Hot from the Oven

Disney's The Three Musketeers came to the big screens in 1993. In 1998, United Artists released The Man in the Iron Mask, starring Leonardo Dicaprio. Is there an audience for yet another new Musketeer movie? Audiences responded with a resounding "Yes!" this week, making The Musketeer the latest box office champ.

According to most reviews, fans of slick, well-choreographed action will probably enjoy a Musketeer matinee. Director Peter Hyams adds a generous helping of martial-arts-styled combat to his adaptation of Alexander Dumas' famous adventure story. But those more interested in a movie that mines the meaningful depths of the classic story will probably leave disappointed.

Critics in the religious media were as mixed in their reviews as the mainstream press. Several were grateful to find the admirable ethical standards of the hero D'Artagnan intact, but there were many complaints of tepid artistry.

Bob Smithouser (Focus on the Family) says, "Except for a few genre-busting action sequences … The Musketeer is nothing more than a dimly lit, frenetically edited seventeenth-century travelogue full of swashbuckling clichés." But he still gives it some credit: "In spite of the movie's overall mediocrity, TheMusketeer deserves applause. It esteems loyalty, compassion, self-sacrifice, patriotism, chivalry and modesty."

The U.S. Catholic Conference declares that the story "pathetically limps along, interrupted occasionally by an imaginatively choreographed fighting sequence."

Michael Elliott (Movie Parables) sees something significant in this recurrence of Musketeers at the movies. "[D'Artagnan's] integrity, purity, and righteousness is immediately recognizable and appealing. A man with integrity … a man with no personal agenda except to serve a higher cause is a formidable man. It is D'Artagnan's sense of duty and unfailing faithfulness to do what is right that gives the Musketeers renewed life. Seeing him as a Christ figure lends special meaning to their stirring motto: 'All for one and one for all.'" The movie, however, disappoints him. "While [the action scenes] are somewhat entertaining to watch, they quickly become tiresome. If only the filmmakers had spent a bit more time developing the characters and relationships."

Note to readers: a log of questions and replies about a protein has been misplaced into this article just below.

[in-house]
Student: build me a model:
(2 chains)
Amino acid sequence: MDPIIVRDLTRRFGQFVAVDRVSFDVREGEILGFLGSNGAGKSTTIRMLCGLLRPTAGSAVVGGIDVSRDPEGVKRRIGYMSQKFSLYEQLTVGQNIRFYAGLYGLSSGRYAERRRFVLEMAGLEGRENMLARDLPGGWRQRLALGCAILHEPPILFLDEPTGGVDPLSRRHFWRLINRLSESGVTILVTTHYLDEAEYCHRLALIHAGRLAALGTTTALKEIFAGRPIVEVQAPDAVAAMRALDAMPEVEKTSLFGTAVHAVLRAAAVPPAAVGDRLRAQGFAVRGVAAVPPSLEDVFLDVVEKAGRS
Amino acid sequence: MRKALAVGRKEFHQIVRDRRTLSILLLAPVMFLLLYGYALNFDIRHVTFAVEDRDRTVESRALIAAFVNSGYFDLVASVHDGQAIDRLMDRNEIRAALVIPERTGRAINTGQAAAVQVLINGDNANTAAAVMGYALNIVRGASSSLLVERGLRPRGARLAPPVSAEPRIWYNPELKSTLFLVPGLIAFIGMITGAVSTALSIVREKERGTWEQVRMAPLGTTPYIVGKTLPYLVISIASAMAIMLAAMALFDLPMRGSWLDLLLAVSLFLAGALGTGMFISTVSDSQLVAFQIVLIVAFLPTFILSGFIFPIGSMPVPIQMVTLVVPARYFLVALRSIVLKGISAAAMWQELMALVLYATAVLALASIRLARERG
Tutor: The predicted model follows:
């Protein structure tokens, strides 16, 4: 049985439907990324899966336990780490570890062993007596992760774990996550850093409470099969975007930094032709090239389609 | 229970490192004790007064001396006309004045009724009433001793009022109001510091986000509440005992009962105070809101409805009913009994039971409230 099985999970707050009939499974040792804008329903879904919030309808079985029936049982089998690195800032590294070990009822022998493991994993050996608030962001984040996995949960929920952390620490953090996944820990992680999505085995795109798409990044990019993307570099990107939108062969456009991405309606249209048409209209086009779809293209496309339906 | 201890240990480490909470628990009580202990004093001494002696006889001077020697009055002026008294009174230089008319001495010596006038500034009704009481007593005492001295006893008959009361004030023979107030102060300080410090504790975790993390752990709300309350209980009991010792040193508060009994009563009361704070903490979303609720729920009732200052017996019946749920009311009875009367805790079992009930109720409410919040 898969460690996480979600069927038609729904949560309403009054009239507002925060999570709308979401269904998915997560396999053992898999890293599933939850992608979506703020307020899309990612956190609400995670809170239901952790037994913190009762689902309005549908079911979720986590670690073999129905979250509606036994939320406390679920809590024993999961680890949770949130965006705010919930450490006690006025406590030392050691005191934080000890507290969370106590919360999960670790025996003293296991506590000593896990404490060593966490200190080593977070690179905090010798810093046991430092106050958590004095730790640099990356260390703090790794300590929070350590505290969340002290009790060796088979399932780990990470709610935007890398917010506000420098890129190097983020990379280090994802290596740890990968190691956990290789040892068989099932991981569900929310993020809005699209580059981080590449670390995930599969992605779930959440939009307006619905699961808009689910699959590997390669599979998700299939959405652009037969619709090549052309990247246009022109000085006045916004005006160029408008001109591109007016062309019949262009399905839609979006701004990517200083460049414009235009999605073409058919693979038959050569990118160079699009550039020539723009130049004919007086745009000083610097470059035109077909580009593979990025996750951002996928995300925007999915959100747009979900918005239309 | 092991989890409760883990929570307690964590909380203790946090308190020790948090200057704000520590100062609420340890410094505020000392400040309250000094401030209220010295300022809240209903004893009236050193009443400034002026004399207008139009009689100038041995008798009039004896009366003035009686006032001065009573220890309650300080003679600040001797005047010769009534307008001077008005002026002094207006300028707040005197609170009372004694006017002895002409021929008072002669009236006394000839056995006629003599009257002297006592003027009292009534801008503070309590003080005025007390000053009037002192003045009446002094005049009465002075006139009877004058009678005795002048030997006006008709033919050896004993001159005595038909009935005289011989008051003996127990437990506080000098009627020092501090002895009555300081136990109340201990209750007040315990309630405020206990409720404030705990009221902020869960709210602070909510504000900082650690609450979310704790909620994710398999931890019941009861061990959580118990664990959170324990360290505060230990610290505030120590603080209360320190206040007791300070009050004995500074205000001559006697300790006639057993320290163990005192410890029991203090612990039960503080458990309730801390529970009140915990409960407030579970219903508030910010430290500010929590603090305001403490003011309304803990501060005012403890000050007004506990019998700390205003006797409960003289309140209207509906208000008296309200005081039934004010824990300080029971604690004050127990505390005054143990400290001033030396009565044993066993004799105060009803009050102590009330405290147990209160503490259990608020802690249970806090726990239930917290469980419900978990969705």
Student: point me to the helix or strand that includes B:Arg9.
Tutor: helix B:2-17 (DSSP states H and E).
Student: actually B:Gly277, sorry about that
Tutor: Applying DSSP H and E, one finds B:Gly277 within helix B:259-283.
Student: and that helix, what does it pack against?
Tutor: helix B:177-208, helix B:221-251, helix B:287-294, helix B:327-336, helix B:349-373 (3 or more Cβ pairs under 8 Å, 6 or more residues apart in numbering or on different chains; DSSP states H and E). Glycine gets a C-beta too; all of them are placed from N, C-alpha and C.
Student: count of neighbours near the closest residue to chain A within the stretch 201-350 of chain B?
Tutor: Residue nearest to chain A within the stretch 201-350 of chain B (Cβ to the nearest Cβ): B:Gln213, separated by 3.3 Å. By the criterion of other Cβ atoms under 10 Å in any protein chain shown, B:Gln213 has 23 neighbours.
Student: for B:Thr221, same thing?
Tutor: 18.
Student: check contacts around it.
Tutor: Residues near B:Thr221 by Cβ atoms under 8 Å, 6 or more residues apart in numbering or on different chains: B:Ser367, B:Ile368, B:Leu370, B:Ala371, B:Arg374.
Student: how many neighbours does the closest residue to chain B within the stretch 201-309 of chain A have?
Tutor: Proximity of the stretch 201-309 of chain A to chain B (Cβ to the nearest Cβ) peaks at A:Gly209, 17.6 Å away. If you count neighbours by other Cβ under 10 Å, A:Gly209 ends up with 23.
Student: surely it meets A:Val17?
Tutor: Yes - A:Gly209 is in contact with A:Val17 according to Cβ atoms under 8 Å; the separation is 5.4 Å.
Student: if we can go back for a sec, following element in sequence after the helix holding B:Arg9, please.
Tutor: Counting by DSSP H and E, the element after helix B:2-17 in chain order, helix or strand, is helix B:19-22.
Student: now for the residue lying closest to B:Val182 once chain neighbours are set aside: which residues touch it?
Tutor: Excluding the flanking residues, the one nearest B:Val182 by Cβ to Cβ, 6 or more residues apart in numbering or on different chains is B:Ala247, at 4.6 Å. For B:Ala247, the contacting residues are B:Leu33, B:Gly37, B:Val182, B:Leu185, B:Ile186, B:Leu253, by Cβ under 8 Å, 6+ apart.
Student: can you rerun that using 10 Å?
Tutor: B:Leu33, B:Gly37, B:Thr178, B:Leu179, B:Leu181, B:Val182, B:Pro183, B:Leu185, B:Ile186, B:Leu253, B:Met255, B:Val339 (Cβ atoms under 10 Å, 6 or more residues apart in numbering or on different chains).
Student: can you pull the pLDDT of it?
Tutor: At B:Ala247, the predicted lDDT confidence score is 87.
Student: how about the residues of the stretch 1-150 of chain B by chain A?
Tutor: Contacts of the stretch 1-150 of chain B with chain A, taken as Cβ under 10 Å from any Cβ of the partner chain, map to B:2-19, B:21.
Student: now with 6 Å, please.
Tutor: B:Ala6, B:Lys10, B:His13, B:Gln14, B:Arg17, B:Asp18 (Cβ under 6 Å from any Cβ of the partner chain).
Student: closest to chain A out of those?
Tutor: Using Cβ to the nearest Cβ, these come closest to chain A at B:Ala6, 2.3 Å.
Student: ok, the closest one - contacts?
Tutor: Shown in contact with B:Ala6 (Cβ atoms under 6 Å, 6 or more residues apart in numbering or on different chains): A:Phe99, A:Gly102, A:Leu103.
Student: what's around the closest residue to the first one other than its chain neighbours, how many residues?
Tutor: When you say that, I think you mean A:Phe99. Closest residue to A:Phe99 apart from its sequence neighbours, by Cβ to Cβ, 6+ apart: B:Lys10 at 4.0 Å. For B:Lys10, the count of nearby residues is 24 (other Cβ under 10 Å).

Other Christian critics registered complaints that the movie allows audiences to see unethical behavior. Preview's Paul Bicking "Some sexually suggestive material along with frequent violence makes The Musketeer an extremely questionable choice." Ted Baehr's Movieguide review faults "a solid revenge motif" and argues that "the movie's moral and Christian elements should have been made stronger." The review also claims that The Musketeer "suffers from an overly serious hero, whose earnest lines are delivered with little panache or character by Justin Chambers."